Retrieval induced forgetting: inhibition or transfer appropriate forgetting?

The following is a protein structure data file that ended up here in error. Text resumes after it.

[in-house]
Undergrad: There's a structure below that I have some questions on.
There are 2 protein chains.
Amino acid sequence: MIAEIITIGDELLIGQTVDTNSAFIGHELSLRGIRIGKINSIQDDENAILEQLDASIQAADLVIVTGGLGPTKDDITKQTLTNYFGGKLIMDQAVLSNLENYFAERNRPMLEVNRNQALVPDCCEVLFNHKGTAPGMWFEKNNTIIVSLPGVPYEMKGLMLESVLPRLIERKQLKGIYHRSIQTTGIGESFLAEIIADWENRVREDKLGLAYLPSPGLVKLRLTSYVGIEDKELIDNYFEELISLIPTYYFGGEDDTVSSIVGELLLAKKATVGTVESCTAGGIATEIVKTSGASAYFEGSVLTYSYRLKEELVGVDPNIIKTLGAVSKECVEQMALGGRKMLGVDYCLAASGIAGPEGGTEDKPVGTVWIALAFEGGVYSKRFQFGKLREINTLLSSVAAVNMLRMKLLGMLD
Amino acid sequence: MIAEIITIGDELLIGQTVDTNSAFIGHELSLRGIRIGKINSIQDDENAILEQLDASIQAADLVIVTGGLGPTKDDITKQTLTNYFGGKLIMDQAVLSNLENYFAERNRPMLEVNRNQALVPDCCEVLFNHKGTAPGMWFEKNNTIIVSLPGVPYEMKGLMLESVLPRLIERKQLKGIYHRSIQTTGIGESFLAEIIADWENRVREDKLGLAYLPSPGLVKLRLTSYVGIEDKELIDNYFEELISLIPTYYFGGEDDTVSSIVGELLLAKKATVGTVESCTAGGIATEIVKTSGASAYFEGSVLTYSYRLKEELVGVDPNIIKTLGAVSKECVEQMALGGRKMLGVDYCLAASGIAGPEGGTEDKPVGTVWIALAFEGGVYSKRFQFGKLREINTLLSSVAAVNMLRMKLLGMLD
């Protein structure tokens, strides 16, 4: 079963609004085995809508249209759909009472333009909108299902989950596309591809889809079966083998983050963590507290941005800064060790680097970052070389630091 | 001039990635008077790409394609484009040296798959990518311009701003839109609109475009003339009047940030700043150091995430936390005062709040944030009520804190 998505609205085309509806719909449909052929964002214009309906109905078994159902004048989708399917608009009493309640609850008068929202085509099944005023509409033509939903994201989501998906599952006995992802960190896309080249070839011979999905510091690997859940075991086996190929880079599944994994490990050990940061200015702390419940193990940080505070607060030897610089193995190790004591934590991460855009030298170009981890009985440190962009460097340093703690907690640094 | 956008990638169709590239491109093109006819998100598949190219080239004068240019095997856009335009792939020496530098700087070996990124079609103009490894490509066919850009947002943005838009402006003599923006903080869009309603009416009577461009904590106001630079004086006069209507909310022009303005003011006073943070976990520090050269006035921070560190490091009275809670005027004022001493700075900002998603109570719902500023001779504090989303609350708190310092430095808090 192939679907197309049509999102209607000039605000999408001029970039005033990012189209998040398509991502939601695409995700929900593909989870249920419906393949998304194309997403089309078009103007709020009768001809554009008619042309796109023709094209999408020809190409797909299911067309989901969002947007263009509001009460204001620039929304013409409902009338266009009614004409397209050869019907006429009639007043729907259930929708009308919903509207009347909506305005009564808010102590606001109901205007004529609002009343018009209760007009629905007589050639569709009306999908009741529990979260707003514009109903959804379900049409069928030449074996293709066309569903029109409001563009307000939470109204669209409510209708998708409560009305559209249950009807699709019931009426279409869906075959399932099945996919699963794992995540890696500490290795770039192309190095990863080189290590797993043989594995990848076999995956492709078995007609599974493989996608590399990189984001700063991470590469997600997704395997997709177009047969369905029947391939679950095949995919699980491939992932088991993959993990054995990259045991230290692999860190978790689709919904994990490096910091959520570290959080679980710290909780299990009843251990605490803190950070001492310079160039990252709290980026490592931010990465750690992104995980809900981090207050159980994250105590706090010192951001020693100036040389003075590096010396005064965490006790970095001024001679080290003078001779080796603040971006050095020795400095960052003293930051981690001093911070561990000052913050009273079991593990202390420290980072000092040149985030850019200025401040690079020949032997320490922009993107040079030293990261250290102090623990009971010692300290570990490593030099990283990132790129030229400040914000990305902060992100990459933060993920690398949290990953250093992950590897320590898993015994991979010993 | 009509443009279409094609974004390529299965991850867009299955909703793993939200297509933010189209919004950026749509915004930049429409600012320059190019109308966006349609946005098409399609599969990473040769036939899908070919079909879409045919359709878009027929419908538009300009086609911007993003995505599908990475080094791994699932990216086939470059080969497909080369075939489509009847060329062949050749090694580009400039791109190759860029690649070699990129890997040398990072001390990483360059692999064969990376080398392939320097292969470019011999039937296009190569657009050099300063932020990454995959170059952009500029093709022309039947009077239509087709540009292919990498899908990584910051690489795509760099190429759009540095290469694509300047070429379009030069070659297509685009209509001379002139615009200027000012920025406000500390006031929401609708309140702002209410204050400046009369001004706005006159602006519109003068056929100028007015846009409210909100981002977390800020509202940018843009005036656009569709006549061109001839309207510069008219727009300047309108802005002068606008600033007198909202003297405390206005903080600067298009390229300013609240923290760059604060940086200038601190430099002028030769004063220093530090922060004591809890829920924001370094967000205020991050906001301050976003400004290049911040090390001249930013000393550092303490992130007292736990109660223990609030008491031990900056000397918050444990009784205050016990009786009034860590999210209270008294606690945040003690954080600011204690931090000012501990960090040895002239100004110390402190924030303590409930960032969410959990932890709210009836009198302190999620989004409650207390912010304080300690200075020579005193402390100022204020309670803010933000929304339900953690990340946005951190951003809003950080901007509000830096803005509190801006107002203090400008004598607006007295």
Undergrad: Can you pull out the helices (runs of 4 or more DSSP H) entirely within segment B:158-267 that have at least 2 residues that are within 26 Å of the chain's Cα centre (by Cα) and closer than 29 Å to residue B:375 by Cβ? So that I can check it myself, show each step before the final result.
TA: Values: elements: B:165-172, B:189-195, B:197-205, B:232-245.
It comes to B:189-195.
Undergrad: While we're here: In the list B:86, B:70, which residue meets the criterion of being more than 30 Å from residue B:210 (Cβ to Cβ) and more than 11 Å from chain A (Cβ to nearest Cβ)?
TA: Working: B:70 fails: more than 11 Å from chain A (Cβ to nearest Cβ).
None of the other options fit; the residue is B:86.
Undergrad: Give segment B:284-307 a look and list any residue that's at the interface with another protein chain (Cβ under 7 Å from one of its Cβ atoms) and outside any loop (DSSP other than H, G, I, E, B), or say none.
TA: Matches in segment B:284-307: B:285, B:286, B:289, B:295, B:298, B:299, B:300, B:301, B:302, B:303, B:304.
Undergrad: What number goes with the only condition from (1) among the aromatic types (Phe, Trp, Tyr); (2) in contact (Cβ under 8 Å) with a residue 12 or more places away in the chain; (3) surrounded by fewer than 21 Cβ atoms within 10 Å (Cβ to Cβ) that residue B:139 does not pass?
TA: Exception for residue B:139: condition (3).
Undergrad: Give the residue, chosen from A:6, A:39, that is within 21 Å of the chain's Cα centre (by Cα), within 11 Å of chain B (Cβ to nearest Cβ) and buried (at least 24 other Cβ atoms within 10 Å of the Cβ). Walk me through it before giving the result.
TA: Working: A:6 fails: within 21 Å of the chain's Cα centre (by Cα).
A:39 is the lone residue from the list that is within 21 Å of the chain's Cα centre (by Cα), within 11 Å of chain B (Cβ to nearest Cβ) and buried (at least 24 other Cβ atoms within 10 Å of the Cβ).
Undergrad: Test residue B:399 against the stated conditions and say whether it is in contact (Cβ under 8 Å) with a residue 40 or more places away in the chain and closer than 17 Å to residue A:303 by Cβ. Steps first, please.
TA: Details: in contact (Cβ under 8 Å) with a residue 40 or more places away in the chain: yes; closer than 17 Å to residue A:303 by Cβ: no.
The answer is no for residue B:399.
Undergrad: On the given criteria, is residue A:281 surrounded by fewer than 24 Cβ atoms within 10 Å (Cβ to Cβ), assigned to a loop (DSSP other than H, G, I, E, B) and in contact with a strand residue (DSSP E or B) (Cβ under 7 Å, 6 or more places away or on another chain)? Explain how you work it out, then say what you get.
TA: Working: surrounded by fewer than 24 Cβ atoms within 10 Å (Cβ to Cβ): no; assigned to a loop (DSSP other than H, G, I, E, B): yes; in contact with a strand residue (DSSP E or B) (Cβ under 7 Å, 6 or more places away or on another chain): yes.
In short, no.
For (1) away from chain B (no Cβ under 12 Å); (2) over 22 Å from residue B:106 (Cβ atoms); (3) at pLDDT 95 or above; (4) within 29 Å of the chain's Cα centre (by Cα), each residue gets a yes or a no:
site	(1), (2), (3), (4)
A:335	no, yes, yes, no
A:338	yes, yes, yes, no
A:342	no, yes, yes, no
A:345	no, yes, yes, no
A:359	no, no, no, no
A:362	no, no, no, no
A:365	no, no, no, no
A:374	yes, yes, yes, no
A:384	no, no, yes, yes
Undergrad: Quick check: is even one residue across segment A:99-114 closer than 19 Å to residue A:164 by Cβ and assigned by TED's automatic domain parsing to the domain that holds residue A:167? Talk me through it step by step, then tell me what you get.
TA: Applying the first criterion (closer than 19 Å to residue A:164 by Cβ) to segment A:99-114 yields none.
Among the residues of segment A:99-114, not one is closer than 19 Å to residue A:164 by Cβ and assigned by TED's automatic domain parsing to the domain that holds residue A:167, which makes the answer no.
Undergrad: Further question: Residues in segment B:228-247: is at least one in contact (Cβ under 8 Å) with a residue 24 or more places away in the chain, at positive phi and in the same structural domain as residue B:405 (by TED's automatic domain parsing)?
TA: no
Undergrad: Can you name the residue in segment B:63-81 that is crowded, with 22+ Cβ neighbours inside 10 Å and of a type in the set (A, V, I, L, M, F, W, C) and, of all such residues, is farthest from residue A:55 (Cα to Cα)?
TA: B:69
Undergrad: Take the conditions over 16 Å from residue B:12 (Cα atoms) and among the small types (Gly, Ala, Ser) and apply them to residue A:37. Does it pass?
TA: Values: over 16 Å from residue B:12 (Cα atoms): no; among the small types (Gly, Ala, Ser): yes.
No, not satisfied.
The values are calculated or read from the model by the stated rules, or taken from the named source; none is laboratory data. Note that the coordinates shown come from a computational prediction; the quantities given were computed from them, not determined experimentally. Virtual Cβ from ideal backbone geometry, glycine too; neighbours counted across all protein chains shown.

The retrieval induced forgetting paradigm is a development of a standard paired-associate recall test, in which participants repeatedly retrieve a subset of items prior to a final recall test for all items. For example, participants may study a list that contains the following pairs: FRUIT – orange, FRUIT – apple, TOOLS – hammer, TOOLS – saw. Later, participants recall the appropriate word to the cue FRUIT – or____ on 3 occasions. Finally, participants recall all items to category cues (e.g. FRUIT - ?). Prior recall of orange improves later recall of that item, but impairs recall of the related item apple, compared to the baseline items hammer and saw. This is the retrieval induced forgetting effect. Mike Anderson has argued that the basis of the effect is a long-lasting inhibitory process that acts upon representations in memory. In this talk I will present some data that question this account, and offer an alternative, non-inhibitory account of the phenomenon, which I have dubbed “transfer appropriate forgetting”.